Stanford Advisors

All Publications

  • De novo design of proteins housing excitonically coupled chlorophyll special pairs NATURE CHEMICAL BIOLOGY Ennist, N. M., Wang, S., Kennedy, M. A., Curti, M., Sutherland, G. A., Vasilev, C., Redler, R. L., Maffeis, V., Shareef, S., Sica, A. V., Hua, A., Deshmukh, A. P., Moyer, A. P., Hicks, D. R., Swartz, A. Z., Cacho, R. A., Novy, N., Bera, A. K., Kang, A., Sankaran, B., Johnson, M. P., Phadkule, A., Reppert, M., Ekiert, D., Bhabha, G., Stewart, L., Caram, J. R., Stoddard, B. L., Romero, E., Hunter, C., Baker, D. 2024


    Natural photosystems couple light harvesting to charge separation using a 'special pair' of chlorophyll molecules that accepts excitation energy from the antenna and initiates an electron-transfer cascade. To investigate the photophysics of special pairs independently of the complexities of native photosynthetic proteins, and as a first step toward creating synthetic photosystems for new energy conversion technologies, we designed C2-symmetric proteins that hold two chlorophyll molecules in closely juxtaposed arrangements. X-ray crystallography confirmed that one designed protein binds two chlorophylls in the same orientation as native special pairs, whereas a second designed protein positions them in a previously unseen geometry. Spectroscopy revealed that the chlorophylls are excitonically coupled, and fluorescence lifetime imaging demonstrated energy transfer. The cryo-electron microscopy structure of a designed 24-chlorophyll octahedral nanocage with a special pair on each edge closely matched the design model. The results suggest that the de novo design of artificial photosynthetic systems is within reach of current computational methods.

    View details for DOI 10.1038/s41589-024-01626-0

    View details for Web of Science ID 001237780900001

    View details for PubMedID 38831036

    View details for PubMedCentralID 3098534

  • Near-atomic-resolution structure of J-aggregated helical light-harvesting nanotubes NATURE CHEMISTRY Deshmukh, A. P., Zheng, W., Chuang, C., Bailey, A. D., Williams, J. A., Sletten, E. M., Egelman, E. H., Caram, J. R. 2024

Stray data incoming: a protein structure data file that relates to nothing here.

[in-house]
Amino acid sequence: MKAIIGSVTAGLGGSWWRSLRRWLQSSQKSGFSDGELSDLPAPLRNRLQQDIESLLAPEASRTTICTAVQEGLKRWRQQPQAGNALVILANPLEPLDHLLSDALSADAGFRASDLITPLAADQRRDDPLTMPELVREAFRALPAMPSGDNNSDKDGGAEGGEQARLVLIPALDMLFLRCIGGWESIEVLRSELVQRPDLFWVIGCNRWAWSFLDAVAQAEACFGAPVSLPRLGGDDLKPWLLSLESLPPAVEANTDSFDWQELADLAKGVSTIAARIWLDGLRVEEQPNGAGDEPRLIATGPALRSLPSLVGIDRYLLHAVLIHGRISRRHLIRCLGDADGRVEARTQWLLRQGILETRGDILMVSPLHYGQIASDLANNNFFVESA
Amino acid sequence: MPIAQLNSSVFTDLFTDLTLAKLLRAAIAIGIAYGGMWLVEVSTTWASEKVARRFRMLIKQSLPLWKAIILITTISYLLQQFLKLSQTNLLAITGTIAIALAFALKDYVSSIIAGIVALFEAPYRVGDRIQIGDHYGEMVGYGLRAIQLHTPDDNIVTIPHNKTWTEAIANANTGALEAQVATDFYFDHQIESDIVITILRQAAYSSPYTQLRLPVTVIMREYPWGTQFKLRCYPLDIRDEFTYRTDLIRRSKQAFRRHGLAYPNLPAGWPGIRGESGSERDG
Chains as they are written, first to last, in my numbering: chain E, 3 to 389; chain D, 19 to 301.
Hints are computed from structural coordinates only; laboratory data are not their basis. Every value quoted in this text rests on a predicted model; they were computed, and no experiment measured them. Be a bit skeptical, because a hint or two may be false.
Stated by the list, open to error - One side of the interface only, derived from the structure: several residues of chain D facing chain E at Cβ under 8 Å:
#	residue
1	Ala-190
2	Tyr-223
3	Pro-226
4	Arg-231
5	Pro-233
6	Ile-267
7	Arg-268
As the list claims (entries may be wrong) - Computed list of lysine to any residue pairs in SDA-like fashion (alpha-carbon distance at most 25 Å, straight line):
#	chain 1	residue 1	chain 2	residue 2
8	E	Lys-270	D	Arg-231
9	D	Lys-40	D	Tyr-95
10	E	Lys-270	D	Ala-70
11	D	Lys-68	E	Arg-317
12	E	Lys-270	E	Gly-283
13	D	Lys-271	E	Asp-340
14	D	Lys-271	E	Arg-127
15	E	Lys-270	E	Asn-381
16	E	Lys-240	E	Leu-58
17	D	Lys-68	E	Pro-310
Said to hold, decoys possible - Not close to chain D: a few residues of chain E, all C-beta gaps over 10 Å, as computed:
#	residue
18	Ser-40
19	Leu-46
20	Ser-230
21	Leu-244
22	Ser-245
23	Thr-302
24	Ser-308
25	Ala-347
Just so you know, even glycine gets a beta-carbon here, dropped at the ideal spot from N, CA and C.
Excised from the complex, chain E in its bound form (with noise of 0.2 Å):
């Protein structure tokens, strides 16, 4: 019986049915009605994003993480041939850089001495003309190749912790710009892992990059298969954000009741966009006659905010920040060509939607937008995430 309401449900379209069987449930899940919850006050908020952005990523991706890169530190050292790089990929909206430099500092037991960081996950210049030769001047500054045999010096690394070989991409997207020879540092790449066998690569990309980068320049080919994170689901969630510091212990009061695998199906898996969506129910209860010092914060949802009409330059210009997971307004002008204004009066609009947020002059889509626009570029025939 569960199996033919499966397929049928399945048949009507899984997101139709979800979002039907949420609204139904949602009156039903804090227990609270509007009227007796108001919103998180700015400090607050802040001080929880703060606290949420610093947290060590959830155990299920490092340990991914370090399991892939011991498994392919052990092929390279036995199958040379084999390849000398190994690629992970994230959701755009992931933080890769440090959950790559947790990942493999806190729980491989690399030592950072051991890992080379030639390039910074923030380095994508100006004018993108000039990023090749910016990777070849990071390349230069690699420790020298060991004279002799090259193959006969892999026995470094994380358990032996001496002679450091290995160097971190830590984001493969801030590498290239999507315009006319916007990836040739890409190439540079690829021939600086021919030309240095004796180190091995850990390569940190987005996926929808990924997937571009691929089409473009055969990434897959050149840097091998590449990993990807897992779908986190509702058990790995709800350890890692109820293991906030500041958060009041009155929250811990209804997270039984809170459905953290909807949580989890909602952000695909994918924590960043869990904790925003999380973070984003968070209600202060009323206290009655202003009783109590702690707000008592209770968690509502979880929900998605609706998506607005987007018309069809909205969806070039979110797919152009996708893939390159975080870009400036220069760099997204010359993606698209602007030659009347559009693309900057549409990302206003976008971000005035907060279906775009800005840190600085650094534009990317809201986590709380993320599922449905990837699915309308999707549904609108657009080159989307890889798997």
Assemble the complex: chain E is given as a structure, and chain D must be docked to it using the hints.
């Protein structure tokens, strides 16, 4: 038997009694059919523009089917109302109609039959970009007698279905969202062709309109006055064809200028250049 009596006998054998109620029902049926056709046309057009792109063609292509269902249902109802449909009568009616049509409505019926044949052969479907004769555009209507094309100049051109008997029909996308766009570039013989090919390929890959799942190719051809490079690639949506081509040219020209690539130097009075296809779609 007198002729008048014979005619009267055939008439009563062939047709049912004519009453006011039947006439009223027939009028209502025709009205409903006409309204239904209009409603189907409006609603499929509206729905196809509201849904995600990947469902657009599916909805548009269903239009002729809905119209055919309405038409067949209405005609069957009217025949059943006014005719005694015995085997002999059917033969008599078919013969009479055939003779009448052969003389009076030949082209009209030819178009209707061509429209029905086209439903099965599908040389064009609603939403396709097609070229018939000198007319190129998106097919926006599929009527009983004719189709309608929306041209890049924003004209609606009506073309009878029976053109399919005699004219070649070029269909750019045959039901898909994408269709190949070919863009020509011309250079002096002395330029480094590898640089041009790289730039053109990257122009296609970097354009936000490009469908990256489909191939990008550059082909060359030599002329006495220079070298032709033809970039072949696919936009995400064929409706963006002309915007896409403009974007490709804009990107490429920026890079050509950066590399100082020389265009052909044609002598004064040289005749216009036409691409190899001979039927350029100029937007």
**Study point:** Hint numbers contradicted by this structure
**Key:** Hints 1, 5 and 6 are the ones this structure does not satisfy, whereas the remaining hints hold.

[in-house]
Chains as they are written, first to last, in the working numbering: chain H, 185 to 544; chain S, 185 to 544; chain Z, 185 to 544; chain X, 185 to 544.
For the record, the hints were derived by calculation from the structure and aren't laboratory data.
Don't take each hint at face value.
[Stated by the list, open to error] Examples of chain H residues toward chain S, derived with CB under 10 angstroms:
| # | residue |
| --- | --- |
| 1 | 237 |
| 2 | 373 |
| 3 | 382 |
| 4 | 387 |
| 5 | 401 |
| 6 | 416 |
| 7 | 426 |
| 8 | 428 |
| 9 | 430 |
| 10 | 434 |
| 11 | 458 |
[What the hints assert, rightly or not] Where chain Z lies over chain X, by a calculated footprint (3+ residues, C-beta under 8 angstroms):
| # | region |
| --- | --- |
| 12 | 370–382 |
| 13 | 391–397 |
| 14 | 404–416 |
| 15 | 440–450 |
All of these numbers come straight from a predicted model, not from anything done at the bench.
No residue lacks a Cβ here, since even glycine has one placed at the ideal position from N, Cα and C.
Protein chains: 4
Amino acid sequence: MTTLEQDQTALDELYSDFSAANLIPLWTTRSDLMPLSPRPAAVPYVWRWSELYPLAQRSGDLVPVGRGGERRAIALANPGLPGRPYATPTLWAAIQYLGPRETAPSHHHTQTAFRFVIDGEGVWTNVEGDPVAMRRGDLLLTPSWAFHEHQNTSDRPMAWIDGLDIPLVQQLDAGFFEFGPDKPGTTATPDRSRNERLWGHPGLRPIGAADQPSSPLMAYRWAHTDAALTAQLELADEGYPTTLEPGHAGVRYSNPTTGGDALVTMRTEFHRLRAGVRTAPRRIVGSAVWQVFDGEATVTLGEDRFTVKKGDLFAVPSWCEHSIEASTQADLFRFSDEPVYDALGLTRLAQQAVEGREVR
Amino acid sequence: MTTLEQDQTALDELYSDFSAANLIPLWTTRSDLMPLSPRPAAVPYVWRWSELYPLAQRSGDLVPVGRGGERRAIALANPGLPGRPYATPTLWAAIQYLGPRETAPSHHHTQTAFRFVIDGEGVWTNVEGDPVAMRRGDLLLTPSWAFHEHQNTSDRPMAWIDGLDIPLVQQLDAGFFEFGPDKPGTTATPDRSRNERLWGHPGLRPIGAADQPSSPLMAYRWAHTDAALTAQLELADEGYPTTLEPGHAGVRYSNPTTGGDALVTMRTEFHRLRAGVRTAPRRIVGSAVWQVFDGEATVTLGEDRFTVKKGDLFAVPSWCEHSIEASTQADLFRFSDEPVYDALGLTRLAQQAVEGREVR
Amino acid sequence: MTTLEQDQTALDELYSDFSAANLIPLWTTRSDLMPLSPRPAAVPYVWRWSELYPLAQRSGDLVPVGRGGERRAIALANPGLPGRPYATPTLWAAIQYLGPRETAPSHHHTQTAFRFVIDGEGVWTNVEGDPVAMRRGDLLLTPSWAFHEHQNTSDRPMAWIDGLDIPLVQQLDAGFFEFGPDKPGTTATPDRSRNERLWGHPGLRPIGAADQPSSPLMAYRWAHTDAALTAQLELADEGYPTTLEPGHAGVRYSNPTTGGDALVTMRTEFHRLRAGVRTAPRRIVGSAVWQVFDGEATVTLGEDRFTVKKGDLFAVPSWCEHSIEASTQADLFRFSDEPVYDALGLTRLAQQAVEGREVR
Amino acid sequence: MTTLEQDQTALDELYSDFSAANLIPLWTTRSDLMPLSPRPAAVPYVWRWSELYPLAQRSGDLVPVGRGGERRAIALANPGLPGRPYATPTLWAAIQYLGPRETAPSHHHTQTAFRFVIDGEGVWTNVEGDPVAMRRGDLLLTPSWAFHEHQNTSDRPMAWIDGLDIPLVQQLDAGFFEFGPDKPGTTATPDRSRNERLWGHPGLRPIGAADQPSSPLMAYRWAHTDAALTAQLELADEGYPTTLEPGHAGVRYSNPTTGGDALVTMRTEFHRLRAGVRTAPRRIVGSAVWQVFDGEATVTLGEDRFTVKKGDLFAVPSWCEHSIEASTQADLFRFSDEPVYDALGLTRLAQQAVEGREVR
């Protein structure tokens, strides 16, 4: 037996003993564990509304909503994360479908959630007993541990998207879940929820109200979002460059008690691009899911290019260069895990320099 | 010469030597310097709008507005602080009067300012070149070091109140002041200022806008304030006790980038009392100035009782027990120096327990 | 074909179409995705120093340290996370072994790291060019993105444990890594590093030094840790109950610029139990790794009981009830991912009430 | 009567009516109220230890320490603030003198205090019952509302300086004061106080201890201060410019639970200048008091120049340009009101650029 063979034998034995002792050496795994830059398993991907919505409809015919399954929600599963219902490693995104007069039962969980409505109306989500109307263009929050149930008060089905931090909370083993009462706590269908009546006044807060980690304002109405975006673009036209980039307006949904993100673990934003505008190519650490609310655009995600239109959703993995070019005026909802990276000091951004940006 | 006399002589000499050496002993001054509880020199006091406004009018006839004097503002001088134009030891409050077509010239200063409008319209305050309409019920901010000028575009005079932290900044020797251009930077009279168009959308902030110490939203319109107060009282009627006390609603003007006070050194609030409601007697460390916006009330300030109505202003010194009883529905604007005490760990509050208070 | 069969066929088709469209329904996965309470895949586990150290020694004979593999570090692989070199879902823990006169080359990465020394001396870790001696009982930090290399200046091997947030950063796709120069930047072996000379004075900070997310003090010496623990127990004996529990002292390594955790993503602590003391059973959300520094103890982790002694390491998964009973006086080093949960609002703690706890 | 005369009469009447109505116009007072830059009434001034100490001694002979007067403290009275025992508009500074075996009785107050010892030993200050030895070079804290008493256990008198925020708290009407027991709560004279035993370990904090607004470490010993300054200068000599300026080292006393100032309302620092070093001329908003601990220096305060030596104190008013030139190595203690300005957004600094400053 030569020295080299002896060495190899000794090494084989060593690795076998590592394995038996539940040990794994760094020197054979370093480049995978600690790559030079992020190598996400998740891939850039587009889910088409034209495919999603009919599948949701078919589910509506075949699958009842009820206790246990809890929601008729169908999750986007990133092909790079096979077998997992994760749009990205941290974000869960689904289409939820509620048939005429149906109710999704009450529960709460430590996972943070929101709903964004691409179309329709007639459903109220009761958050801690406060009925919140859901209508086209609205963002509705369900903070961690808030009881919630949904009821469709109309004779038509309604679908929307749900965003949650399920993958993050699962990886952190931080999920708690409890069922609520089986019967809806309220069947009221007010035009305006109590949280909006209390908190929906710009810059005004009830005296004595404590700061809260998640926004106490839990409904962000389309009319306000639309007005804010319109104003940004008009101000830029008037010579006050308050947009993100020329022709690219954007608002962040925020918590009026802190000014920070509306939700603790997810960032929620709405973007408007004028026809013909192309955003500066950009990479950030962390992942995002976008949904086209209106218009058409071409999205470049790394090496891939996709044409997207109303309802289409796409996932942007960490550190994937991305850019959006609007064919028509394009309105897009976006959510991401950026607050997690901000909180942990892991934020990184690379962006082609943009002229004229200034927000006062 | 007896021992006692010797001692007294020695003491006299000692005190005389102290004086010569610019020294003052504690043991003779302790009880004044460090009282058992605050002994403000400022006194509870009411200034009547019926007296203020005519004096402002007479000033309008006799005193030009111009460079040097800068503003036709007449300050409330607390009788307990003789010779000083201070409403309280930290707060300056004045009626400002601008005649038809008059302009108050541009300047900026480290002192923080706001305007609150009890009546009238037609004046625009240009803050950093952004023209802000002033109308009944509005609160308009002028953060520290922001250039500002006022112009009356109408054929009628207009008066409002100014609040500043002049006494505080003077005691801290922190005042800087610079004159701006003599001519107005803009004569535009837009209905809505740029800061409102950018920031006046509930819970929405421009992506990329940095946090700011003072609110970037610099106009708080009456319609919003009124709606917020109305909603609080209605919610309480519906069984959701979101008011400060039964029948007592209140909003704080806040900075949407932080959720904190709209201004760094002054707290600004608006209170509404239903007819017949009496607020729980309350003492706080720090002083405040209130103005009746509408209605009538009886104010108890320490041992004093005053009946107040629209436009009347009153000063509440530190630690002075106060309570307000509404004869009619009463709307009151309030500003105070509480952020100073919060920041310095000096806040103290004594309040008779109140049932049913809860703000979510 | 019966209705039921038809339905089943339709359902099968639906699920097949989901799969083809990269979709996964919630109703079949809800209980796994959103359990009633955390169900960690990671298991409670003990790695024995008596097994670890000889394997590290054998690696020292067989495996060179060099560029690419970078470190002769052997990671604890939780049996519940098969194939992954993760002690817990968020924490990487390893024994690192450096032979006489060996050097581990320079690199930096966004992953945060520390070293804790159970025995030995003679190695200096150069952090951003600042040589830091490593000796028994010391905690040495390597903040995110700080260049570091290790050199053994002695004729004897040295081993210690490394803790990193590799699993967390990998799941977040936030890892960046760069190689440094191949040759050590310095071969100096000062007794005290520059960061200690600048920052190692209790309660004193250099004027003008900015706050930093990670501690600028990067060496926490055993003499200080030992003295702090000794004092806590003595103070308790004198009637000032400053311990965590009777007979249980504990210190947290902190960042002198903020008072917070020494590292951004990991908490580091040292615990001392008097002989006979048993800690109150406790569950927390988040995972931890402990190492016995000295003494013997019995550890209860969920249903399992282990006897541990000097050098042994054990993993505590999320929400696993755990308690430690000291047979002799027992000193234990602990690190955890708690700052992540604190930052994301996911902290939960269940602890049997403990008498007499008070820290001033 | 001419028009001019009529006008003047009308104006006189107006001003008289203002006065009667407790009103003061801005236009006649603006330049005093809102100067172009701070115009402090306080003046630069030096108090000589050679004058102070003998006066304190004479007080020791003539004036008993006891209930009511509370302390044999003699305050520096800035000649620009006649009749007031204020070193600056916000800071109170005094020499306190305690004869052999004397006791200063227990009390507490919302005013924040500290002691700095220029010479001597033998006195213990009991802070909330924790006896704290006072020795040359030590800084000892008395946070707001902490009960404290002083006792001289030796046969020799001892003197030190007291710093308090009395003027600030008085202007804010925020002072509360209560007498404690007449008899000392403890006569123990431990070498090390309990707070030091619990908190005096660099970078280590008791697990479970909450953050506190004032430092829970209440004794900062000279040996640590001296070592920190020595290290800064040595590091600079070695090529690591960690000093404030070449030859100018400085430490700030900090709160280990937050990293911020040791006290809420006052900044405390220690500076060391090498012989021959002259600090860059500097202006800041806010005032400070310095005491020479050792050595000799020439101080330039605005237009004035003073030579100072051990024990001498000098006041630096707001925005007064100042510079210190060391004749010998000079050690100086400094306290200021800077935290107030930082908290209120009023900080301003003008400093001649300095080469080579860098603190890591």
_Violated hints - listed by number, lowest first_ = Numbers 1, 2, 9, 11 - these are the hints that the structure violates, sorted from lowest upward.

Cryo-electron microscopy has delivered a resolution revolution for biological self-assemblies, yet only a handful of structures have been solved for synthetic supramolecular materials. Particularly for chromophore supramolecular aggregates, high-resolution structures are necessary for understanding and modulating the long-range excitonic coupling. Here, we present a 3.3 Å structure of prototypical biomimetic light-harvesting nanotubes derived from an amphiphilic cyanine dye (C8S3-Cl). Helical 3D reconstruction directly visualizes the chromophore packing that controls the excitonic properties. Our structure clearly shows a brick layer arrangement, revising the previously hypothesized herringbone arrangement. Furthermore, we identify a new non-biological supramolecular motif-interlocking sulfonates-that may be responsible for the slip-stacked packing and J-aggregate nature of the light-harvesting nanotubes. This work shows how independently obtained native-state structures complement photophysical measurements and will enable accurate understanding of (excitonic) structure-function properties, informing materials design for light-harvesting chromophore aggregates.

    View details for DOI 10.1038/s41557-023-01432-6

    View details for Web of Science ID 001156893700002

    View details for PubMedID 38316987

    View details for PubMedCentralID 2919932